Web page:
Estimated reading time: 2 minute(s)

Mourning doves are not an uncommon site for pedestrians in Brooklyn, New York, during the spring and summer. They venture out to the sidewalk far less frequently than do sparrows, starlings, and their own close cousin, the pigeon, but there is a decent chance that one will spot a few doves on a reasonably long walk (far more likely than a cardinal or blue jay). If one does not see a dove, he or she may hear the whistling sound of the dove’s wings as it takes off and flies through the air.

Public Domain mourning dove illustration retrieved from Openclipart.  Note on the Openclipart page:  "This image was donated by Pearson Scott Foresman, an educational publisher, to Wikimedia Commons, and is thereby in the Public Domain."
Public Domain mourning dove illustration retrieved from Openclipart. Note on the Openclipart page: “This image was donated by Pearson Scott Foresman, an educational publisher, to Wikimedia Commons, and is thereby in the Public Domain.”

Morning doves, like the ubiquitous rock dove (pigeon), are part of the Columbidae family. Doves give off a shyer and more refined impression than their larger relatives. Pigeons venture boldly into the sidewalks, streets, and puddles and are quite liberal in their culinary tastes. Doves generally try to stay away from people and stick to seeds. Pigeons come in many colors – owed in part to the days of carrier pigeon yore. Morning doves tend to be consistent in their brown/gray color scheme.

But despite the differences, one need not squint too hard to see that pigeons and doves are closely related. In the summer of 2021, I saw a scene that drove the similarities between the birds home. It is not at all uncommon to see a pigeon or two battling a flock of sparrows for food. But on one occasion on a Brooklyn Heights sidewalk next to a tree pit, I saw a single dove in the midst of five or six sparrows. This was slightly unusual, for doves generally do not often frequent the sidewalk. But in this case, there was something (seeds, I presume) of great interest to both the dove and the sparrows.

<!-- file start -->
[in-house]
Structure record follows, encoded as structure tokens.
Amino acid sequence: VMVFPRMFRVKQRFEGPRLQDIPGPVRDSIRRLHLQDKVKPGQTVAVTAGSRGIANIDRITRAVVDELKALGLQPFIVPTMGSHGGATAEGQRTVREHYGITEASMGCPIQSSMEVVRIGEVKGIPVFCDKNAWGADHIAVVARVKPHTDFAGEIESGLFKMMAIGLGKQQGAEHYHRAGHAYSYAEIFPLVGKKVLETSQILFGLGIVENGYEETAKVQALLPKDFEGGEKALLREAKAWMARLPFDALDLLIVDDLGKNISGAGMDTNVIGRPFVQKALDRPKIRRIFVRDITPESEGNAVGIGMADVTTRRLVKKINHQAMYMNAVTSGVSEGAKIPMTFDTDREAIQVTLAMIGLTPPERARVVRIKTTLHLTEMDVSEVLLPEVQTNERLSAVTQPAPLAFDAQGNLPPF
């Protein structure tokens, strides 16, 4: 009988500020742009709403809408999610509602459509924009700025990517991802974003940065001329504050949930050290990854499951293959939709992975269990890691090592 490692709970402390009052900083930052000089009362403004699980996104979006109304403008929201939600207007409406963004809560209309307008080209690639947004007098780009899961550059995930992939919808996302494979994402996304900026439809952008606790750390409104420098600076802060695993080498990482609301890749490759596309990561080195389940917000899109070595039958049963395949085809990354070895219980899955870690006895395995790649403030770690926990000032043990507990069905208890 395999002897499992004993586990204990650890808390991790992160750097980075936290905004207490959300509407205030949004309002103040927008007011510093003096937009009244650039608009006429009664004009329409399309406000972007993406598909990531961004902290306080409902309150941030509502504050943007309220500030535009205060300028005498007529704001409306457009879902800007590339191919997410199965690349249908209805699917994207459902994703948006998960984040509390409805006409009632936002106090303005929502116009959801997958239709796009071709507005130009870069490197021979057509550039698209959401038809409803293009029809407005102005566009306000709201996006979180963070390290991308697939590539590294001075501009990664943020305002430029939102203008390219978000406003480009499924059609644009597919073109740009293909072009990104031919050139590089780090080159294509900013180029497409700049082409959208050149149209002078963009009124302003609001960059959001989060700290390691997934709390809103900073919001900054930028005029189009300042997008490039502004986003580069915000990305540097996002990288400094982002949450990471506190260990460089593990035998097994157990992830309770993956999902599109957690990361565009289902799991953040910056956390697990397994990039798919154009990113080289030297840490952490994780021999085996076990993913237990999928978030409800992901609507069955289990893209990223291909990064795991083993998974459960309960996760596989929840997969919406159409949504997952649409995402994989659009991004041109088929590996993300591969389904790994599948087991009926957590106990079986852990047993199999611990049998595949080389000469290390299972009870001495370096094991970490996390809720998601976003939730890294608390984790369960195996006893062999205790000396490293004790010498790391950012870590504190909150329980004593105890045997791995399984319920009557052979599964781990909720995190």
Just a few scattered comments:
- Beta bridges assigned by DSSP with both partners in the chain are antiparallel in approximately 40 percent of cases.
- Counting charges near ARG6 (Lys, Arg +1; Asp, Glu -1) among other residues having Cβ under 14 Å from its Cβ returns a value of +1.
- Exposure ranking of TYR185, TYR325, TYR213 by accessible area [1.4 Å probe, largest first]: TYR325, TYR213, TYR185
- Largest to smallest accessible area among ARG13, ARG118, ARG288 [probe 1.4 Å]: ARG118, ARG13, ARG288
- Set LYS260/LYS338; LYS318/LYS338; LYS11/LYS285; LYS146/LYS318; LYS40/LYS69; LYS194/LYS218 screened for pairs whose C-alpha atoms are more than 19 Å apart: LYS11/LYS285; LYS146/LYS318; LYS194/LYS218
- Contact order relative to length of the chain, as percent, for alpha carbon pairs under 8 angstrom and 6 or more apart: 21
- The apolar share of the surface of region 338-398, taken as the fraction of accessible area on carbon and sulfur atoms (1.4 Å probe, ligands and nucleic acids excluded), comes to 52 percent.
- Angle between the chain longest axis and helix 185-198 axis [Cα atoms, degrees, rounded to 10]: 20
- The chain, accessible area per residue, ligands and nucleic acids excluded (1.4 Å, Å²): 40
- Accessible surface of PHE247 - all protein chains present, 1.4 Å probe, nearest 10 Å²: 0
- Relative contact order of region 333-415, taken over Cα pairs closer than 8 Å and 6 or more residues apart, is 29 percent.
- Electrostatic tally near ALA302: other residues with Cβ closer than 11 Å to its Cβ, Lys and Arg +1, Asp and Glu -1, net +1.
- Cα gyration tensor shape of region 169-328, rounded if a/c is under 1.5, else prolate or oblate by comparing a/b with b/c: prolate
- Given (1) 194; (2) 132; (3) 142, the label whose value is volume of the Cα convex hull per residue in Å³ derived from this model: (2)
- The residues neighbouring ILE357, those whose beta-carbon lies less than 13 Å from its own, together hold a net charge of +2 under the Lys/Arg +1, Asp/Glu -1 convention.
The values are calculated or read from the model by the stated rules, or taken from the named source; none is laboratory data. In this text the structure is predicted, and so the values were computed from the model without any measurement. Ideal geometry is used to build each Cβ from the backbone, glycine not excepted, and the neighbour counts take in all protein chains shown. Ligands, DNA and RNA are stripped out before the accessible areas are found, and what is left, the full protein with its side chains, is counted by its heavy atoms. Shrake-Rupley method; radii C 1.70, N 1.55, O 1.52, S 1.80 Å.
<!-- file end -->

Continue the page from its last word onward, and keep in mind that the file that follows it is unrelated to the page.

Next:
When the scene caught my attention, the four or five sparrows were converging on food on the ground. The dove was about three feet away. With its interest piqued, the dove ran toward the food. In so doing, the dove looked very much like a pigeon, awkwardly running in a straight line with a good amount of head bobbing. While the mourning dove lacks the mass of a pigeon, it is still significantly larger than a sparrow. The sparrows took note of the larger bird rushing toward them, and they dispersed in many directions as the dove arrived at the dinner table.

Doves may not be as big or bold as their pigeon siblings. But when seeds call, the dove, much like the pigeon, knows how to use its size advantage over the sparrow. To a Brooklyn sparrow, there is little to distinguish a hungry dove from pigeon.